Fluent style of coding is quite important on internal Domain Specific Languages (DSLs) on languages that support OO. One of the key aspects of a fluent interface is method chaining, which allows the developer to reduce noise (the amount of repeated text) on the code by invoking several methods on the same object, one after the other. Just as in the good old fashioned Don’t Repeat Yourself (DRY) spirit, less noise.
However, fluent code is not only appropriate for DSLs. It can greatly improve code readability and intention revealing even on simple tasks, such as building a complex object.
For instance, let’s take a simple example of configuring an email. You can do lots of things to it, such as configure the sender, the subject, the body, and so on. In Java, such code would become:
new Email() .from("firstname.lastname@example.org") .subject("metaphysics") .to("email@example.com") .cc("CIA@usa.gov")
Instead of the usual, full of noise:
Email email = new Email(); email.from("firstname.lastname@example.org"); email.subject("metaphysics"); email.to("email@example.com"); email.cc("CIA@usa.gov");
A problem arises when the class you want to use method chaining on classes that are not already fluent and you do not have write access. Maybe you are using it from a library or from a Framework you have to use. On languages with static typing such as Java, the only solution is to create yourself a static wrapper (more specifically, a proxy) around it, and just delegate the methods to the real implementation.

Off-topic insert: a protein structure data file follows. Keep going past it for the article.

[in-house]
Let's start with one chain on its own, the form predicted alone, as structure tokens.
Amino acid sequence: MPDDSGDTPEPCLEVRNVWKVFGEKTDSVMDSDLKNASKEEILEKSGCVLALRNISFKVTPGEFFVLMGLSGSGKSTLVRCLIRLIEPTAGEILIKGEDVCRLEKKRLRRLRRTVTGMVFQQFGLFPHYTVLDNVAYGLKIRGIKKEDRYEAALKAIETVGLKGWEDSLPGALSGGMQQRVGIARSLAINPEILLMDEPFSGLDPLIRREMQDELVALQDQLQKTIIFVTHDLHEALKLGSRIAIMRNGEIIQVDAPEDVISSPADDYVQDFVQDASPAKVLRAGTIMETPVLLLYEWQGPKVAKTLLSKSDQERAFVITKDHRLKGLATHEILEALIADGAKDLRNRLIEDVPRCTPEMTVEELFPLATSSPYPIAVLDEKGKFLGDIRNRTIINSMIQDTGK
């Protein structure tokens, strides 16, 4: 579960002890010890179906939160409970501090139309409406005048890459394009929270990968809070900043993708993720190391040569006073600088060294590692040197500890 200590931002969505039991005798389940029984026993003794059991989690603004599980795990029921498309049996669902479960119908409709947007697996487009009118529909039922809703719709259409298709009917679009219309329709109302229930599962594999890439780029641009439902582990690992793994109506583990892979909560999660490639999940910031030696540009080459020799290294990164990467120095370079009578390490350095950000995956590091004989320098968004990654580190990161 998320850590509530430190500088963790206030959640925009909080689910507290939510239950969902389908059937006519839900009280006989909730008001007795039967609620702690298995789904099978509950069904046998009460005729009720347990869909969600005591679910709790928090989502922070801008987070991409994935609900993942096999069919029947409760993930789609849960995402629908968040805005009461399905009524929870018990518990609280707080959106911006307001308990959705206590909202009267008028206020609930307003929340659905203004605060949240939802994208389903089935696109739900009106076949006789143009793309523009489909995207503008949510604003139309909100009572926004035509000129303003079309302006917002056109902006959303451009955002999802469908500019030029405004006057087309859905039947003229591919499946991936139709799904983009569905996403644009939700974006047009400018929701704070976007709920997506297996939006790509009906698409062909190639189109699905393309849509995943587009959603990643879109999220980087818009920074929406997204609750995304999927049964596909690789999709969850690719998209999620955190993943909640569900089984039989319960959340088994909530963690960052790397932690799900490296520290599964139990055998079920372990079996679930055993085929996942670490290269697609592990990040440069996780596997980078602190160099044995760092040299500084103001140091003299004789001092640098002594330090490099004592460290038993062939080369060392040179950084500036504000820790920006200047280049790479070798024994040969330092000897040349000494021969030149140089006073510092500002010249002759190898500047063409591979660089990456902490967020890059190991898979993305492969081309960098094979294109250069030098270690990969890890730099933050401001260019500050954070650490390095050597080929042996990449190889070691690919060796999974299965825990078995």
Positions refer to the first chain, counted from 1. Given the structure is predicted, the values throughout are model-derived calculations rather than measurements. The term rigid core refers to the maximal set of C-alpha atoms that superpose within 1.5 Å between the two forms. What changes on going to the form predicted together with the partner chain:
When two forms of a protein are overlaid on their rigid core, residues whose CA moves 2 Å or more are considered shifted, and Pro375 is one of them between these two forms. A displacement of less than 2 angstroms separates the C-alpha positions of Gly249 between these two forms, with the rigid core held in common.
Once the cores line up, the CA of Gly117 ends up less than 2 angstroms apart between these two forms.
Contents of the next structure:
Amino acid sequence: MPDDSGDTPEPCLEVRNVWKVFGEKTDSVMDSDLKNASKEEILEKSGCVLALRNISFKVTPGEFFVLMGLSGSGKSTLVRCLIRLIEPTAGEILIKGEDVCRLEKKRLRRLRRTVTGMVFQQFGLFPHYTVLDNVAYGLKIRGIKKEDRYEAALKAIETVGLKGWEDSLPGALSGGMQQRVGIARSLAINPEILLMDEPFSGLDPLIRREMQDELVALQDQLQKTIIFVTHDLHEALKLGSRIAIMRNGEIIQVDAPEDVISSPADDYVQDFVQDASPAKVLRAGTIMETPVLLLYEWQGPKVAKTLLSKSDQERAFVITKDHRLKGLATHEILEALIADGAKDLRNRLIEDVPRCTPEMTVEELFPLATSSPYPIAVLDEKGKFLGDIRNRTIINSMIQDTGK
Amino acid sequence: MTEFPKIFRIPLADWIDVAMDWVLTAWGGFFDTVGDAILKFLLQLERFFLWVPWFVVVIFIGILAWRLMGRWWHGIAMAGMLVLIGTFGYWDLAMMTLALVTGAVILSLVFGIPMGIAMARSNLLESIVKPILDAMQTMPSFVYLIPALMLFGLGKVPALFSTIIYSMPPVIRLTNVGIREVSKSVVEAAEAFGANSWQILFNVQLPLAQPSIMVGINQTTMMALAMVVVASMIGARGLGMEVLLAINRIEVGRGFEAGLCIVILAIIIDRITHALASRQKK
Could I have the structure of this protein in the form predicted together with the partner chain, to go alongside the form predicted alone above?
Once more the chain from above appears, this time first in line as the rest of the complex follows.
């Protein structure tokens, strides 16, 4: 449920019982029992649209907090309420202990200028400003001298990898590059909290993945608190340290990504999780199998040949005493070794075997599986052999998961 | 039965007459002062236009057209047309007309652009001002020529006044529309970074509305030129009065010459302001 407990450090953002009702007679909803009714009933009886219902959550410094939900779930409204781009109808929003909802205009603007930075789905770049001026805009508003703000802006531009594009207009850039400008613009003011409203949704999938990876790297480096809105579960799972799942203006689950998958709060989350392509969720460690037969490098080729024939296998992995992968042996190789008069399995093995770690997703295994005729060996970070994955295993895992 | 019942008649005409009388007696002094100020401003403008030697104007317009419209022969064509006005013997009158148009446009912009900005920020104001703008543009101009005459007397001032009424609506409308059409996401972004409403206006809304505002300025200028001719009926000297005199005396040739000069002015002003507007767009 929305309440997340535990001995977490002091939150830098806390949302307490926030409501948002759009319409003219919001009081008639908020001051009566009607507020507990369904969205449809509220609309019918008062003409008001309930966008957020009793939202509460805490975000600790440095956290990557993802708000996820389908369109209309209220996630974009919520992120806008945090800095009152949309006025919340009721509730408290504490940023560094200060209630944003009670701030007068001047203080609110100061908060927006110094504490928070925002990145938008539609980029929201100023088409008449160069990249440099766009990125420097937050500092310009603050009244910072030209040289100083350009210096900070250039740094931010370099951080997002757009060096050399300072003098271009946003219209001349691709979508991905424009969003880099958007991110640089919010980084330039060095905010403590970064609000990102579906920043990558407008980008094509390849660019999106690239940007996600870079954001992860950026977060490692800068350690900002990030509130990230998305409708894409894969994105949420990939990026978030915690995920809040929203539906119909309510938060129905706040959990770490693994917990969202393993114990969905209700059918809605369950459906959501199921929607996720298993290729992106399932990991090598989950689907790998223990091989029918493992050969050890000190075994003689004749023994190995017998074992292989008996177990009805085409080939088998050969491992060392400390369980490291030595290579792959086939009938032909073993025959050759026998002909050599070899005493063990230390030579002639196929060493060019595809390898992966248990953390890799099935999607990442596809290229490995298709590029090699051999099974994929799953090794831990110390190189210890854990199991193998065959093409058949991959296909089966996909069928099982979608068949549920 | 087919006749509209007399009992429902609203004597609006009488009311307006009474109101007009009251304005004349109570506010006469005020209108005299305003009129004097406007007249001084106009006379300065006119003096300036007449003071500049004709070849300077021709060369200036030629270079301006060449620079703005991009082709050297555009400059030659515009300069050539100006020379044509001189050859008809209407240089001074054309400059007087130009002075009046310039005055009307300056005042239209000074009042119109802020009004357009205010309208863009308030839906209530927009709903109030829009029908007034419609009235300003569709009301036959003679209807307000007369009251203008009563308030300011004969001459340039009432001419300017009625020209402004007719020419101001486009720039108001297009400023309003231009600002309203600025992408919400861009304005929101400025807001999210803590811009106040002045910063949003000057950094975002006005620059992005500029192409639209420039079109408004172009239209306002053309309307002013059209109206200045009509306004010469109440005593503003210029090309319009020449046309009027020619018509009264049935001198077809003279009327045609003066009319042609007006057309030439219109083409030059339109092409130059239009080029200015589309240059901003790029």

On languages with support for method lookup alteration and interception, such as Ruby’s missing_method and Smalltalk’s doesNotUnderstand:, you can make such wrapper a general one. Example of such in ruby:
class Email attr_accessor :to, :from, :subject, :cc end class Wrapper def initialize(wrapped) @wrapped = wrapped end def method_missing(m, *args, &block) setter = m.to_s + '=' if @wrapped.respond_to?(setter) @wrapped.send(setter, *args, &block) else raise NoMethodError end return self end end mail = Email.new Wrapper.new(mail). from('firstname.lastname@example.org'). subject('metaphysics'). to('email@example.com'). cc('CIA@usa.gov')
The beauty is: Wrapper is general. You can take any object of any class you like and, just like that, use a fluent interface around it. You can do this in Smalltalk as well, but Smalltalk is naturally fluent, because of the semicolon:
email <- Email new from: 'firstname.lastname@example.org'; subject: 'metaphysics'; to: 'email@example.com'; cc: 'CIA@usa.gov'; yourself.
Regarding Java language, even though you cannot make a fluent universal wrapper as you can do in ruby (dynamic proxies can’t change the interface, neither can Aspectj), there are some good perspectives ahead:
- Chained Invocations on methods that return void. Unlikely to make the cut into the jdk 7
- This Type: which just makes it clearer that a interface is fluent. Also, eases up the fact that subclasses will return its type on fluent methods defined on the parent.